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Engage your students with the collections of the Museum of Fine Arts, Boston, to illustrate themes and concepts in any discipline.

Dragons Climbing Mount Fuji (Fuji koshi no tatsu) and Snakes Disturbed by a Blind Man (Mekura ni komaru mi), from the series Comical Twelve Signs of the Zodiac (Dôke jûnishi)

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Both jokes refer to proverbial expressons. Storm clouds around the slopes of Mount Fuji were called "dragons climbing the mountain." A blind man is not afraid of snakes, since he cannot see them. Kuniyoshi illustrates both expressions literally.

Signed

Ichiyûsai Kuniyoshi ga (on each design) 一勇斎国芳画

Provenance

By 1911, purchased by William Sturgis Bigelow (b. 1850 - d. 1926), Boston [see note 1]; 1911, gift of Bigelow to the MFA. (Accession Date: August 3, 1911) NOTES: [1] Much of Bigelow's collection of Asian art was formed during his residence in Japan between 1882 and 1889, although he also made acquisitions in Europe and the United States. Bigelow deposited many of these objects at the MFA in 1890 before donating them to the Museum's collection at later dates.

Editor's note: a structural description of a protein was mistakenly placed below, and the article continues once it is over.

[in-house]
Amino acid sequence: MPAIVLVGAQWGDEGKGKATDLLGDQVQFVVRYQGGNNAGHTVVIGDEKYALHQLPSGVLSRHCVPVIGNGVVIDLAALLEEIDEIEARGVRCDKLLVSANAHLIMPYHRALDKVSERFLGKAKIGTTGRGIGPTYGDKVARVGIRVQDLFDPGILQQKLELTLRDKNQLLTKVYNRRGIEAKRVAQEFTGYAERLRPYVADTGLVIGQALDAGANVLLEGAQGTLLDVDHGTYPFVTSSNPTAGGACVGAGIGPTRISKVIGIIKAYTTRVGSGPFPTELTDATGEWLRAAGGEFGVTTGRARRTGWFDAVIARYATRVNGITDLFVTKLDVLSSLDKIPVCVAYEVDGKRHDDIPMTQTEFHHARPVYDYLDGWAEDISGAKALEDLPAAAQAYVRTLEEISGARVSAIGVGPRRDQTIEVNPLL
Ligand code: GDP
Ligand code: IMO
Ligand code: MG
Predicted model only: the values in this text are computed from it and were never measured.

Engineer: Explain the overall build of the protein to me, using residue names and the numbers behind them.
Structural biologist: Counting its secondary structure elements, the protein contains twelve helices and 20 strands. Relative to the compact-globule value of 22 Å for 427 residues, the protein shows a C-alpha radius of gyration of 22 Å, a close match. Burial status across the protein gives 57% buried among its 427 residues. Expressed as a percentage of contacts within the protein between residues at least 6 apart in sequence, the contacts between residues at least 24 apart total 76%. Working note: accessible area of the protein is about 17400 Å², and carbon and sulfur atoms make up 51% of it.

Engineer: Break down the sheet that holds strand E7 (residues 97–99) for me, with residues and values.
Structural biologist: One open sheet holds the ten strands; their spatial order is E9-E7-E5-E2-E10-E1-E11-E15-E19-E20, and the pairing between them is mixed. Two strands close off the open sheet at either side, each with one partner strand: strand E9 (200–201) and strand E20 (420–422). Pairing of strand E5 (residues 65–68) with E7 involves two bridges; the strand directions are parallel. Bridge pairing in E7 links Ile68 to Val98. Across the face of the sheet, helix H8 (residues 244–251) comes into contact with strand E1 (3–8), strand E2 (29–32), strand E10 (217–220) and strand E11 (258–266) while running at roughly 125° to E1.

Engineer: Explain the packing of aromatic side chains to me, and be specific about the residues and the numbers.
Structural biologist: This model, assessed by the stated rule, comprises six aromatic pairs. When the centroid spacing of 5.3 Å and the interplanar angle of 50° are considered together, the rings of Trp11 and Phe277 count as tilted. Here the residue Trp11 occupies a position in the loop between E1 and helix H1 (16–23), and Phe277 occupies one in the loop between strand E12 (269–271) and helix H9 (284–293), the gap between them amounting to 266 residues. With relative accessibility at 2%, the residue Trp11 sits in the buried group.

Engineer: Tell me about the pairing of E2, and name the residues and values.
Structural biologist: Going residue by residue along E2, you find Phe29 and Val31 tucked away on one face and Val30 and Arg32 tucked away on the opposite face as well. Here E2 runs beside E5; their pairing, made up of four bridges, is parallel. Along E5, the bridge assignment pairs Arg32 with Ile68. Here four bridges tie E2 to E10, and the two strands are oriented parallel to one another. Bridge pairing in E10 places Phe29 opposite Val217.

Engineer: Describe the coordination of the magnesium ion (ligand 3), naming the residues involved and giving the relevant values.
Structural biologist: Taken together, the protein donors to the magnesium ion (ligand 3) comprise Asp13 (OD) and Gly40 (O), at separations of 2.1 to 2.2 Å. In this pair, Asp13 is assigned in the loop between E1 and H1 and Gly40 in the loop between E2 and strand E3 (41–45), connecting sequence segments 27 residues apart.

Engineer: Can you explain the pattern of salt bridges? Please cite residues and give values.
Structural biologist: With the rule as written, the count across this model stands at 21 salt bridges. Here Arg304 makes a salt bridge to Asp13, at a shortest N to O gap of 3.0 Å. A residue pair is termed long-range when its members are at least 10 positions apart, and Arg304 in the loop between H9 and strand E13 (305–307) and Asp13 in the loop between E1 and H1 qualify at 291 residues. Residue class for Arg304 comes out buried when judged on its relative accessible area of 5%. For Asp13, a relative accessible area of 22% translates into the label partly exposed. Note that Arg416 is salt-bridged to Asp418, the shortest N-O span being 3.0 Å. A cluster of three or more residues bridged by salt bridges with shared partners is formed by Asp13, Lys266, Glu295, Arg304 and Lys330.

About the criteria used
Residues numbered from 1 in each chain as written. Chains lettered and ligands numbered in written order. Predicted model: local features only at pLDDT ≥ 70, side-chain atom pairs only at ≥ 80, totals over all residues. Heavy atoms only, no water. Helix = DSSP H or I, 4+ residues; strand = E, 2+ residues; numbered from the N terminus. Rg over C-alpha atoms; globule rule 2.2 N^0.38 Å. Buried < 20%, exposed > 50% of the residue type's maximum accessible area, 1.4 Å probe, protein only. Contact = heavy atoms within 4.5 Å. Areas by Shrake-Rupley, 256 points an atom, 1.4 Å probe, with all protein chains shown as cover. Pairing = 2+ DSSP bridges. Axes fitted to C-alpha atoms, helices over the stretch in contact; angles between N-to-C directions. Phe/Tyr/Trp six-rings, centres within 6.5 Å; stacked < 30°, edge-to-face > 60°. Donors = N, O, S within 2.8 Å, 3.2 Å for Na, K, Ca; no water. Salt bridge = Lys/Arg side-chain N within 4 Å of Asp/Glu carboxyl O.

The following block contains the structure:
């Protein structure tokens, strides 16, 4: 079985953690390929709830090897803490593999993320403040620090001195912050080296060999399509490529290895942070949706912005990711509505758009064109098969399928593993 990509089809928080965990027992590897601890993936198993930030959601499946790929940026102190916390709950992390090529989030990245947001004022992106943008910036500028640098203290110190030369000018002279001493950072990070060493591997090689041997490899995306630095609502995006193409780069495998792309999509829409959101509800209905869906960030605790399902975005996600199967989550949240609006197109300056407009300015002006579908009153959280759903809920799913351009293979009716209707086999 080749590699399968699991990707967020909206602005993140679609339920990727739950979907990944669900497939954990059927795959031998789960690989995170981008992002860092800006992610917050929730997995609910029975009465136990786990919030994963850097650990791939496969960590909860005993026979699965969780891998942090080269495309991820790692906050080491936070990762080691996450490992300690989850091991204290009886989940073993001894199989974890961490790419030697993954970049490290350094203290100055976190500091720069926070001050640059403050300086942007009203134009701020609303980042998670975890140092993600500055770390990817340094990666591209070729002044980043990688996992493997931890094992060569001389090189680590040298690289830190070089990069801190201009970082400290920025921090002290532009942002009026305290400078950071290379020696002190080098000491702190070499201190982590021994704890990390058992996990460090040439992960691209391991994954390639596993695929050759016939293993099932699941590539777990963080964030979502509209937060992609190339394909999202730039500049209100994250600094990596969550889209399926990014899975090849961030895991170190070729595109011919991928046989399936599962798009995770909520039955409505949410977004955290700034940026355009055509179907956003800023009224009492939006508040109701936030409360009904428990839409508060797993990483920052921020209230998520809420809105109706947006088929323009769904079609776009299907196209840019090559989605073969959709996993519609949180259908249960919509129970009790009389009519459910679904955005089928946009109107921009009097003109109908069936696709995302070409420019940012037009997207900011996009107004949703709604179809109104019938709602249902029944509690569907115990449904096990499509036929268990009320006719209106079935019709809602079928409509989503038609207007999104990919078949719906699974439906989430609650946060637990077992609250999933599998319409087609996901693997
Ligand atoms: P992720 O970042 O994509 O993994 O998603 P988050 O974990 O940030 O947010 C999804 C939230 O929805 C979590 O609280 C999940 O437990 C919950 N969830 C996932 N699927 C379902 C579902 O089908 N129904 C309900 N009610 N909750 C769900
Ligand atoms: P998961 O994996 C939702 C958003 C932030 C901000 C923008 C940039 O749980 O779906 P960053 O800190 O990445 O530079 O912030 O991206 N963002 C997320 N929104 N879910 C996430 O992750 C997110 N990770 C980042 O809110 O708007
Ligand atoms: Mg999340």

Credit Line

William Sturgis Bigelow Collection

Japanese, Edo period, about 1841 (Tenpô 12)

Catalogue Raisonné

Inagaki and Isao, Kuniyoshi no kyôga (1991), #16

Dimensions

Two vertical chûban designs on uncut horizontal ôban sheet; 35.4 x 23.9 cm (13 15/16 x 9 7/16 in.)

Accession Number

11.16569

Medium or Technique

Woodblock print (nishiki-e); ink and color on paper

Collections

Asia

Classifications

Prints